Use an adjustable wrench to give the spout an extra 1/4 turn clockwise if loose. This reseats the spout mount tight to the pipe. Add caulk around the base for an extra seal.
Replace Faucet Washers
Thin plastic or rubber washers between metal seating surfaces wear out over time. Removing the handles and valve stem gives access to these parts.
Inspect washers and o-rings for cracks, distortion or embedded debris. A $5 hardware store kit provides all new seals, friction rings, and valve parts for a quick DIY repair.
Follow manufacturer instructions for proper reassembly to avoid future leaks. Lubricate o-rings with non-petroleum grease and make sure valve seats align smoothly.
Tighten Packing Nuts
The chrome nuts holding valve stems in place also loosen slowly as faucets age. Check these connections underneath each handle. Drips here indicate the need for a simple tightening of the packing nut.
Adjust tension slowly with an adjustable wrench – over tightening can damage valve operation. Clear any debris in the stem socket then test water flow. Drips should stop once nuts sit snugly against the faucet body.
Drain and Flush Valve
Mineral deposits or debris caught inside valves prevents them from fully closing. Removing and cleaning the valve seat and inner workings restores watertight performance.
Use a toothpick to gently scrape deposits from the valve seat hole – inserting a pipe brush works for stubborn build-up. Flush pieces to ensure removal then reassemble with fresh seals.
Replacing Worn Out Faucets
For leaks originating from multiple points or heavily corroded parts, replacing the entire tub faucet is the best option. Today’s designs feature durable finishes engineered for decade of reliable use making them worthy upgrades.
Follow the previous steps to fully remove your existing bathtub valves, handles, spouts and related attachments. Take detailed photos of plumbing connections before dismantling anything to ease reinstallation.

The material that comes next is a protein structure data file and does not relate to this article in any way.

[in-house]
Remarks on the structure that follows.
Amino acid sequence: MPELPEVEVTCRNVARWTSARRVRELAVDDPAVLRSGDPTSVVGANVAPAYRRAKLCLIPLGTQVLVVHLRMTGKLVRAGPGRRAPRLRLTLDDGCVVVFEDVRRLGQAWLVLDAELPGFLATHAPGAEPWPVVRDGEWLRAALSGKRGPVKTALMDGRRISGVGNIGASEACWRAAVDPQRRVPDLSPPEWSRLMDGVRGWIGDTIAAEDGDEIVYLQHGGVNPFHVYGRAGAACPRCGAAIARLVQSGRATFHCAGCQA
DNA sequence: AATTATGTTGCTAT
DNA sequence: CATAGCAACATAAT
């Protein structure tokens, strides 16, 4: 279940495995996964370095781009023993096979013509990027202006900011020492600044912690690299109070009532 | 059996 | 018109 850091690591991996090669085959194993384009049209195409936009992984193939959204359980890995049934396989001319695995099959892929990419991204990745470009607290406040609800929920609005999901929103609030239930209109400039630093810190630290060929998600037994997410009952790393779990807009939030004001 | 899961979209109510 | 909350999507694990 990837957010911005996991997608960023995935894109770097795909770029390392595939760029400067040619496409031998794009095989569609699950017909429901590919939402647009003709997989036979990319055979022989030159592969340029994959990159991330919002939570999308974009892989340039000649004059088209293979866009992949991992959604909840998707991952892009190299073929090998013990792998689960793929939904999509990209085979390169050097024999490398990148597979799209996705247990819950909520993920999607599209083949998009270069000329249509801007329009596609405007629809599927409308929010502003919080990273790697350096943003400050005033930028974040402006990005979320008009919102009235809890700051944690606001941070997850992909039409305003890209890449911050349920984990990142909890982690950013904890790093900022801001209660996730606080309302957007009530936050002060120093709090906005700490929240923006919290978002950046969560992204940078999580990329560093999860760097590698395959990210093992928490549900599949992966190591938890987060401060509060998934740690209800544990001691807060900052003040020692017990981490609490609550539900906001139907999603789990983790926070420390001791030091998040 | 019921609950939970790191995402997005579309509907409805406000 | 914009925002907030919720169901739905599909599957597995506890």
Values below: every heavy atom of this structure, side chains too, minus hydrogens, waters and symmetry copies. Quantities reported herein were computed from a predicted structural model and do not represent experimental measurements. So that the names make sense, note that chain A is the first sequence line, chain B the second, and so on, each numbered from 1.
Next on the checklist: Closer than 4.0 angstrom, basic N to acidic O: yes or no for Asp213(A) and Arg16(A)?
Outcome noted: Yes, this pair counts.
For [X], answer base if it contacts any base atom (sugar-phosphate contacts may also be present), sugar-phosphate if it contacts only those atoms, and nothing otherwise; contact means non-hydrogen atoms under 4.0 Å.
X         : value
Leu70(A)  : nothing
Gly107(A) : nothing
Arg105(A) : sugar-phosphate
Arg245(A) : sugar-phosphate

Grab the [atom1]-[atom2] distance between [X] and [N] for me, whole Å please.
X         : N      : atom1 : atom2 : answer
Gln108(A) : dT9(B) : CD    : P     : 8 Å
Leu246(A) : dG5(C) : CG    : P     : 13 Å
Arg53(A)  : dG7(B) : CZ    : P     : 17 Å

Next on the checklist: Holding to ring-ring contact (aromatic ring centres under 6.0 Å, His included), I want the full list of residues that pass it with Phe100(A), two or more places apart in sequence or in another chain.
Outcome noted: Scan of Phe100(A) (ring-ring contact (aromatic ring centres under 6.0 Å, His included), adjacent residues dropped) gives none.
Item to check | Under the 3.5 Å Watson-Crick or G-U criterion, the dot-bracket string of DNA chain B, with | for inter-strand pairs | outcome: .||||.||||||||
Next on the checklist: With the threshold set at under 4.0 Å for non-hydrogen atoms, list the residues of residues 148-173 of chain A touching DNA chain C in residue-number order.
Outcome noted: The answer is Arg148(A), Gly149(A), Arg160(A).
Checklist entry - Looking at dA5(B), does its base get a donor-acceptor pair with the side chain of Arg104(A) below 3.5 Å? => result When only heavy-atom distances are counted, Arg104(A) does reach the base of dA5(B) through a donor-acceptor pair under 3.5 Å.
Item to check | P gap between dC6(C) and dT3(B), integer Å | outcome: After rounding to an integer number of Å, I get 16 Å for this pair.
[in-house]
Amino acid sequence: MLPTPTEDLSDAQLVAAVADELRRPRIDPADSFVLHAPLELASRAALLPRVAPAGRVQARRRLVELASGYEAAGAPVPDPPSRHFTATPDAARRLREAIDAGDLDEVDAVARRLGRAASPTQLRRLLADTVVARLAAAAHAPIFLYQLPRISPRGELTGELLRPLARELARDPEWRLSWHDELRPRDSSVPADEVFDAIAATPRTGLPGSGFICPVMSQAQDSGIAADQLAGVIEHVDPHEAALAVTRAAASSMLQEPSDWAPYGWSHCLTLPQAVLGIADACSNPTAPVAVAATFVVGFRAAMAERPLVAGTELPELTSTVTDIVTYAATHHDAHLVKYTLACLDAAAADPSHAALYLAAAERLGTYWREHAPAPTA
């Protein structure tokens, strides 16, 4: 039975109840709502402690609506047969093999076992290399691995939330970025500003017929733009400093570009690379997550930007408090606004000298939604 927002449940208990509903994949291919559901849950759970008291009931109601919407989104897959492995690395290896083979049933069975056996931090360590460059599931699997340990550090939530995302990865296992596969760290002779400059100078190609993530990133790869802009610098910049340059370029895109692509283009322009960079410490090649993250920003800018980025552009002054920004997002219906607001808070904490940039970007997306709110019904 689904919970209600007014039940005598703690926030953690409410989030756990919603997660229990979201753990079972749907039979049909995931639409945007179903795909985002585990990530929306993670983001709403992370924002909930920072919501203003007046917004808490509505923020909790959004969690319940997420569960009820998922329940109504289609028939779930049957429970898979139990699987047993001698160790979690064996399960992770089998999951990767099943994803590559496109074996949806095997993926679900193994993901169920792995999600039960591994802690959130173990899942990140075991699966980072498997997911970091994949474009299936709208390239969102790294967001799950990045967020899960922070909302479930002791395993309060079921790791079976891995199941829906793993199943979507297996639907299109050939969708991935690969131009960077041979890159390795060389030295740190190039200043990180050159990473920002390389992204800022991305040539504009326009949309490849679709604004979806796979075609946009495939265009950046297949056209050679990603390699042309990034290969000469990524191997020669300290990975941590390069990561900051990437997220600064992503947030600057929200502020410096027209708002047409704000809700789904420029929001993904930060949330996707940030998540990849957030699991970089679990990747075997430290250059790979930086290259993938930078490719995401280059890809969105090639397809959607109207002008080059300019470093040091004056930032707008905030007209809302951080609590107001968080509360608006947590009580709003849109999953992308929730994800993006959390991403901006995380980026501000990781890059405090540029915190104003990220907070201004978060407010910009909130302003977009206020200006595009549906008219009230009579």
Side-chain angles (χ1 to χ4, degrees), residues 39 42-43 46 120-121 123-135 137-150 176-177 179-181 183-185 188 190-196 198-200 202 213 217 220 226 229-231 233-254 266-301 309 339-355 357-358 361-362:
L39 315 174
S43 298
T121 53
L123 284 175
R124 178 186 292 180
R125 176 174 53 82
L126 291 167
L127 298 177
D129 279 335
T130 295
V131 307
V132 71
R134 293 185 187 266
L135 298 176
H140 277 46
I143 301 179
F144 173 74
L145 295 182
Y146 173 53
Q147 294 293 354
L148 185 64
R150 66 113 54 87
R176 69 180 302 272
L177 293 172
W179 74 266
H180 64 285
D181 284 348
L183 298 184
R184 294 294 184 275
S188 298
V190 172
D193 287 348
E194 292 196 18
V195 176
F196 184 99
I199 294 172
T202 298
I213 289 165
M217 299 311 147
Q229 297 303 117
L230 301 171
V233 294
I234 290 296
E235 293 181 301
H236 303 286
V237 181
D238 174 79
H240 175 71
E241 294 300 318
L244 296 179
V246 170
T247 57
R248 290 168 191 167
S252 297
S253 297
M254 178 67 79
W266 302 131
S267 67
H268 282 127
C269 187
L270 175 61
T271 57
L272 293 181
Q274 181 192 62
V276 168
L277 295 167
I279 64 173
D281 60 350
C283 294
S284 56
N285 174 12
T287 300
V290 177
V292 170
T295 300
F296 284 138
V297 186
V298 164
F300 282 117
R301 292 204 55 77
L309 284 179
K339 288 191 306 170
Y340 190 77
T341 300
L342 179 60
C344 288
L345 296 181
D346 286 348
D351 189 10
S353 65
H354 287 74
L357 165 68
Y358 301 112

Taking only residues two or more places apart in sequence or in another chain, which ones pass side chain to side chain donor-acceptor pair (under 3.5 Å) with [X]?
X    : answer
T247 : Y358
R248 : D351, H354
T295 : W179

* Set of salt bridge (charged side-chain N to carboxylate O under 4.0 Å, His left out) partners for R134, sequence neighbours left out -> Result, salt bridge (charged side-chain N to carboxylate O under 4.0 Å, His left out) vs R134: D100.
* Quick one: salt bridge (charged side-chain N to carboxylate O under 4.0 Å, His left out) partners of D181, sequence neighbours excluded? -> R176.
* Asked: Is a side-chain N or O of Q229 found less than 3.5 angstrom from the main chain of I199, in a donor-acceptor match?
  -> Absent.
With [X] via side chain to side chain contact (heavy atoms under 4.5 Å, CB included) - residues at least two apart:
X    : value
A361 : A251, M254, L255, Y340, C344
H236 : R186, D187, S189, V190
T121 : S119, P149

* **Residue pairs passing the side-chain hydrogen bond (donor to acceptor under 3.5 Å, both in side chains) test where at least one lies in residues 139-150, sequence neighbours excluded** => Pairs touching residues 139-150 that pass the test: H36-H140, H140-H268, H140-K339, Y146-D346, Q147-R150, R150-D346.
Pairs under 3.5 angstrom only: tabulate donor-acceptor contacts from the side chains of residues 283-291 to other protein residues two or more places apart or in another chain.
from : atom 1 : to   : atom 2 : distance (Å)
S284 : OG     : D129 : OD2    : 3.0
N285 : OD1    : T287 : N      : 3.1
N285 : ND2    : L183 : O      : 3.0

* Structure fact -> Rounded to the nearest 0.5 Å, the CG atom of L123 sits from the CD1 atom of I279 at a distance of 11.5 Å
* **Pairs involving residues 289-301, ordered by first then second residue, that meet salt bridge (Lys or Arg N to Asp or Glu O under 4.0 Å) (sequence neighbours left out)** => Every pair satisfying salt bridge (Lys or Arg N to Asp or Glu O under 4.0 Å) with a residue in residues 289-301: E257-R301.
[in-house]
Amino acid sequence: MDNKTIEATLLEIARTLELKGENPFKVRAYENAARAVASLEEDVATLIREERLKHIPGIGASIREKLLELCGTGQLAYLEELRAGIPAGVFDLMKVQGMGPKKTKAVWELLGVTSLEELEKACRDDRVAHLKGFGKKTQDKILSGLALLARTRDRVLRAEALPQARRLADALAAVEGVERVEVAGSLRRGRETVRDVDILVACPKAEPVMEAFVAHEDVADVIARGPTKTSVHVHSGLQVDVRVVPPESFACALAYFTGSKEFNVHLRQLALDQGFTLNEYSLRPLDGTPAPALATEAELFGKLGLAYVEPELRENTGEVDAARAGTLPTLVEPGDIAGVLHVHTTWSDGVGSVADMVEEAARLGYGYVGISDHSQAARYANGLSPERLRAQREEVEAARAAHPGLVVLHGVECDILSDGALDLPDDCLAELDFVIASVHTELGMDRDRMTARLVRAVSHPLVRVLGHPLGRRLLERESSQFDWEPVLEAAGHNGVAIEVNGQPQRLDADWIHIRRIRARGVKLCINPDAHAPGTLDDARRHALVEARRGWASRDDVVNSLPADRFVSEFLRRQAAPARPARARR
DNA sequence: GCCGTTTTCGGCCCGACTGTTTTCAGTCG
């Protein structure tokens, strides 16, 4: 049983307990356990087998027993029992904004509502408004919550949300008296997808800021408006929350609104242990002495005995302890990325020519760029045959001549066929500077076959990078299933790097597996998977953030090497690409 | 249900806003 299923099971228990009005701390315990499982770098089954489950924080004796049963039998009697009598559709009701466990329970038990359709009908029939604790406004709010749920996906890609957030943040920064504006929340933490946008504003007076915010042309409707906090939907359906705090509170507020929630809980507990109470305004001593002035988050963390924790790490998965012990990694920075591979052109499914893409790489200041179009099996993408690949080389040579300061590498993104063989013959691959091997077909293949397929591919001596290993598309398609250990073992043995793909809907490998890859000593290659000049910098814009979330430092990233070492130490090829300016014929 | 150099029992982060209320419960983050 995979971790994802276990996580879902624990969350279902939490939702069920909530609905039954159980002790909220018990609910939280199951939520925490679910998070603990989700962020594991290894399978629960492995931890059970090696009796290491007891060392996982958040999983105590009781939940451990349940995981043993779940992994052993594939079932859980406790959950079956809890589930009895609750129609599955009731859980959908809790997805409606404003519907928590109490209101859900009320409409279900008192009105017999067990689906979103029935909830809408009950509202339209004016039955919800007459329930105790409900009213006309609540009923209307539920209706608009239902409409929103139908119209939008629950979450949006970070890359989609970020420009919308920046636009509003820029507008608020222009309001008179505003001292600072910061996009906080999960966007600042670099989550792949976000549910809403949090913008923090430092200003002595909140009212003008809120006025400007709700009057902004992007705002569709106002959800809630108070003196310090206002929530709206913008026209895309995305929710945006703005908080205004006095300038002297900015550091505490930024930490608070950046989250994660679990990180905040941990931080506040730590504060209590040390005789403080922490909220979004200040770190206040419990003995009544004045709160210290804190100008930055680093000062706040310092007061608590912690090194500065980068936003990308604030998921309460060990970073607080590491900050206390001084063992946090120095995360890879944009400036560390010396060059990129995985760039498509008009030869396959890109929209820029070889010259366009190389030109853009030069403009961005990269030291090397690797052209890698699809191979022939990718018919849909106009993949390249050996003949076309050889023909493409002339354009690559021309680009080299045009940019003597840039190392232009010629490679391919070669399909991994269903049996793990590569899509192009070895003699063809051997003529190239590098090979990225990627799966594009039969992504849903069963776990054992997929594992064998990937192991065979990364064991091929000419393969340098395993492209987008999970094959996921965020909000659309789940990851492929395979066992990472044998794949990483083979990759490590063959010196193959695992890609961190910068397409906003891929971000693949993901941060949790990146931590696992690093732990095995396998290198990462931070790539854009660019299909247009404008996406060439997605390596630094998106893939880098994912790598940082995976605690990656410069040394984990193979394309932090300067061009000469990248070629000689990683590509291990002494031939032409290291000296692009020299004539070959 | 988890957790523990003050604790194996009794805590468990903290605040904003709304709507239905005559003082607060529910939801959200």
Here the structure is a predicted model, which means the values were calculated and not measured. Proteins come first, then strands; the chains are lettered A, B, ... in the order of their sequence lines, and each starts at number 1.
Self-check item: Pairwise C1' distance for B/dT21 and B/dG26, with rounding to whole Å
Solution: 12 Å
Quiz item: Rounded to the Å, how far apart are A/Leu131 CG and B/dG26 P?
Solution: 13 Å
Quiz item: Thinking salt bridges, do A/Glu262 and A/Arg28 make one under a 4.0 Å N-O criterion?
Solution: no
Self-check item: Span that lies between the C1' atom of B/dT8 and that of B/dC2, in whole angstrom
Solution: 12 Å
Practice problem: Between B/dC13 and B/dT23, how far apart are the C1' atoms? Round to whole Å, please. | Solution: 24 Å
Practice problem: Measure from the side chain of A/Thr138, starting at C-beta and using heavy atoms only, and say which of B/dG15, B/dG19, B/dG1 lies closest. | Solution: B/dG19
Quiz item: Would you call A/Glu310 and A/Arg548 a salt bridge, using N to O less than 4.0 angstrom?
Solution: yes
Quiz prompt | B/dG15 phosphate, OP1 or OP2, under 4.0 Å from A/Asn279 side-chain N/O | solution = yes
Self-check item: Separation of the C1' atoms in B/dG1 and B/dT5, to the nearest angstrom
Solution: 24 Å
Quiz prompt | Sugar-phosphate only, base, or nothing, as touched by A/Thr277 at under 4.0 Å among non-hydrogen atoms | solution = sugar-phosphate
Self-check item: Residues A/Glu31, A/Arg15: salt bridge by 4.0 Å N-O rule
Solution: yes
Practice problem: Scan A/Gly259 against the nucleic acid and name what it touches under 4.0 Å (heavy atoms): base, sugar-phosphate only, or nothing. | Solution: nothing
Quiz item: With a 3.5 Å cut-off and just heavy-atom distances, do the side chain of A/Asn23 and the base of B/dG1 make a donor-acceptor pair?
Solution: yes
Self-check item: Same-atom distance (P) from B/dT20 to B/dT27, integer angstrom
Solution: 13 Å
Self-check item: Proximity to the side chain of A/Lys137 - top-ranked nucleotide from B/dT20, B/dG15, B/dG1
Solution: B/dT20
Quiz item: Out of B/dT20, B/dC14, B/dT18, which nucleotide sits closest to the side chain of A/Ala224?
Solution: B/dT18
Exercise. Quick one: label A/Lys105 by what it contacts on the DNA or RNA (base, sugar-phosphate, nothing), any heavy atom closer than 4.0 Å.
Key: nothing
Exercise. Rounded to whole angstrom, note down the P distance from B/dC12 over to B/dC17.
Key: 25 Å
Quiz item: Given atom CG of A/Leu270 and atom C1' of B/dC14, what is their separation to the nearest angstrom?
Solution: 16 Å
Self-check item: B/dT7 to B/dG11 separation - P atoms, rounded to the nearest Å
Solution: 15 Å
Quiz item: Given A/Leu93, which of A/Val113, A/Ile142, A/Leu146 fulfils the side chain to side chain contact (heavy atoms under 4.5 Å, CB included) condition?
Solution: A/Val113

Browse Home Depot’s wide selection of tub fillers featuring premium metal construction and drip-free ceramic valve cartridges built to withstand busy family bathrooms. Choose from multiple finish options like brushed nickel, chrome, bronze and more.
Match spout styles to your décor – high arching goosenecks fill soaker tubs while low profile designs accommodate shower combos. Pay special attention to the valve mounting configuration and number of handle holes when selecting a compatible replacement fixture.
Most DIY-friendly tub fillers use universal connections making installation straightforward. Simply apply plumber’s putty to seal the base flange then secure new valves and handles with provided hardware. Reconnect spouts and test for smooth faucet operation.
Proper care and regular maintenance keeps a shiny new tub filler performing well into the future. Follow the manufacturer cleaning recommendations using mild soap and soft cloth only. Avoid harsh chemical cleaners which can damage protective finish over time.
Getting familiar with basic plumbing repair skills pays big dividends for long term home ownership. Replacing a leaky bathtub valve or outdated spout takes just an hour or so. The right DIY know-how and high-quality replacement parts from Home Depot keeps bathrooms looking great for decades to come.
Signs It’s Time to Replace Your Bathtub Faucet